Special economic zones in Dawei in southern Myanmar, Thilawa near Yangon, and Kyaukphyu on the Bay of Bengal have already been approved and established. GDP growth edged up to an estimated 5.5% in FY2011 (ended 31 March 2012), from an average of 4.9% over the previous 4 years, based mainly on investment in hydropower, natural gas, and oil. Agriculture remained subdued owing to flooding and currency appreciation that hurt exports (source: ADB).

GDP is forecast to grow by about 6.0% in FY2012 and 6.3% in FY2013 (source: ADB). According to the ADB this could be a very conservative projection. Today exports are only US$6bn compared to Thailand of $150bn; you could therefore say Thailand earns 25 times more. From my perspective this means there is only upside for Myanmar, as it catches up with its neighbours; it has after all more natural resources, land mass and motivated work force.

The top four exports for 2010 – 2011 are: natural gas at US$2.5bn, jade US$2.2bn, beans at US$0.5bn and garments at US$0.4bn. Major imports are petroleum products, machinery and spare parts, iron and steel construction materials and plastic raw materials.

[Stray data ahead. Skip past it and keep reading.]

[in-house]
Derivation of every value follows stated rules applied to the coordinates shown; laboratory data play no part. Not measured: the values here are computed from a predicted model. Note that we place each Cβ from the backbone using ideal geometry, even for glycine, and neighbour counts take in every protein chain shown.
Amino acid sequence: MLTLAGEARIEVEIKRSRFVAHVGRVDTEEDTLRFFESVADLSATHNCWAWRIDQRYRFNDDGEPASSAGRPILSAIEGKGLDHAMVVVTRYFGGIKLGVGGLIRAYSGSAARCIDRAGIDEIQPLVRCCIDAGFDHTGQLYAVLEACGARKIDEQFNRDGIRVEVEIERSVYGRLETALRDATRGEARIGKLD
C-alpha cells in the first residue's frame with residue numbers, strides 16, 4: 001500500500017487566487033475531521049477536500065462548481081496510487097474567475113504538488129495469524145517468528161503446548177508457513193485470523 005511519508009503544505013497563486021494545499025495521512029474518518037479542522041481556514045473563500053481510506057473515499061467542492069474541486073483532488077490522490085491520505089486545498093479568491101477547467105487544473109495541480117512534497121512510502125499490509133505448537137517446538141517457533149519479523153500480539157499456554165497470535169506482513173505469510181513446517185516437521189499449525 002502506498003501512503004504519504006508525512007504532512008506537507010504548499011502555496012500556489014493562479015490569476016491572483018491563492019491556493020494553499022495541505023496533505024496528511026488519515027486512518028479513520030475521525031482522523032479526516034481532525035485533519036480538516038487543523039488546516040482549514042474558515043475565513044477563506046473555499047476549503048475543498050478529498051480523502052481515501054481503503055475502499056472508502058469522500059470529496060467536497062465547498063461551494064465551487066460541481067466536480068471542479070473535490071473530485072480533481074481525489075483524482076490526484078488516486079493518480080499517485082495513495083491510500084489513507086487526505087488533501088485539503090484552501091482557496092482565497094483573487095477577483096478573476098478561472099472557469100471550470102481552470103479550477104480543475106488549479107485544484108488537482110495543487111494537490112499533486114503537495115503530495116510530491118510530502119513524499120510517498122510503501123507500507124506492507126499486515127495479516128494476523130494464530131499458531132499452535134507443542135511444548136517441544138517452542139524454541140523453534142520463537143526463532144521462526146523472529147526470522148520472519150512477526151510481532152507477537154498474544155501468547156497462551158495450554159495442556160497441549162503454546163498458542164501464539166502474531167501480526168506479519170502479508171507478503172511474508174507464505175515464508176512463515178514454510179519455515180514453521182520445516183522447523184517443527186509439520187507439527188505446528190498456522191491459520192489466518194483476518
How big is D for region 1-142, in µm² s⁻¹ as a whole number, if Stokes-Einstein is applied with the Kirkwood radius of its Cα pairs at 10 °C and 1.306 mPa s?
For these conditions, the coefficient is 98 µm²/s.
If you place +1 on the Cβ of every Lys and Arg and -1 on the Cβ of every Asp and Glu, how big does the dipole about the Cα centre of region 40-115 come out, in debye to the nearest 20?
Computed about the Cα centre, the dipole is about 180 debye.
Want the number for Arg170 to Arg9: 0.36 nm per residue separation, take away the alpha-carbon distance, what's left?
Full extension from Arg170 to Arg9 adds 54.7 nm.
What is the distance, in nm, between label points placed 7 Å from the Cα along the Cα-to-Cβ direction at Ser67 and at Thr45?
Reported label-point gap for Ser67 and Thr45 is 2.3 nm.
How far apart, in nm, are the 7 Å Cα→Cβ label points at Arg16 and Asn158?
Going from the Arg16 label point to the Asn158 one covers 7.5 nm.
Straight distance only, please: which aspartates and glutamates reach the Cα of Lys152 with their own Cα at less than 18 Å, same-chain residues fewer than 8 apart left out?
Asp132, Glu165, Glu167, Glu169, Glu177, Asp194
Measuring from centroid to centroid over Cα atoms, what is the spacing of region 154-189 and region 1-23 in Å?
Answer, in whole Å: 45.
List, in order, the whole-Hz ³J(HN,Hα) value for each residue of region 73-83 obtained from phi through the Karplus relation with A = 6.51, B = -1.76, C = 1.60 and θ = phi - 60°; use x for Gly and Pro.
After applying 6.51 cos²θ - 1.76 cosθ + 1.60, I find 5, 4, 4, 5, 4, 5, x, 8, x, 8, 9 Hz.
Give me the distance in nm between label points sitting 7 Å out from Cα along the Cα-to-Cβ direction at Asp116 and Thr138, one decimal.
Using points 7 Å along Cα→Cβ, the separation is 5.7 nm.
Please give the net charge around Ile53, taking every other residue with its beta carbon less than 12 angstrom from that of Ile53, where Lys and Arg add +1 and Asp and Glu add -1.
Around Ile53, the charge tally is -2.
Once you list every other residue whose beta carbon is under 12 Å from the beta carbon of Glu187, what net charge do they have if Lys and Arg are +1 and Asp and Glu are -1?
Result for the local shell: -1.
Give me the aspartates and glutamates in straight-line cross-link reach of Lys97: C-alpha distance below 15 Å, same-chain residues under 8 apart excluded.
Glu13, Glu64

Myanmar has the advantage of being late; given its late start, it has the benefit of learning from the mistakes of other countries and the potential to leapfrog development to shorten the difference with its neighbours. Take for instance Germany compared to Japan. The latter a late comer. Or for that matter, compare Japan with Korea. Now a number of Korean products are household names. Although there are advantages, the people of Myanmar must be willing to learn and take action. I am convinced they are and will.

The economists I met are frantically working to copy the economic model of the 4 dragons (South Korea, Hong Kong, Taiwan and Singapore) and focus on export-led growth. A new foreign investment law is about to be approved in the Parliamentary session starting on April 23.

Certainly the people are looking forward to that and many well trained Burmese professionals overseas are looking to return and help develop the country; negating the need for too many expatriates of other nationalities. I for one am packing my bags.

©Keith Win BSc, FCA

April 2012



Keith Win is a Chartered Accountant of Burmese and English heritage. He is fluent in Burmese and is establishing a private equity firm to help bring financial expertise, jobs and investment in Myanmar. Keith is also the Chairman of Myanmar Britain Business Association and Deputy Chairman of ASEAN UK Business Forum. He helped a group of aviation enthusiasts to secure a first ever deal to search for Spitfire fighter aircraft on military land, believed to have been buried in Myanmar; raised bank funding for a telecoms project in Myanmar, advised on strategy and setting up of a costing and accounting system for a manufacturer amongst other projects, advise a foreign cement and mining conglomerate on setting up operations, JVs and Ministerial meetings.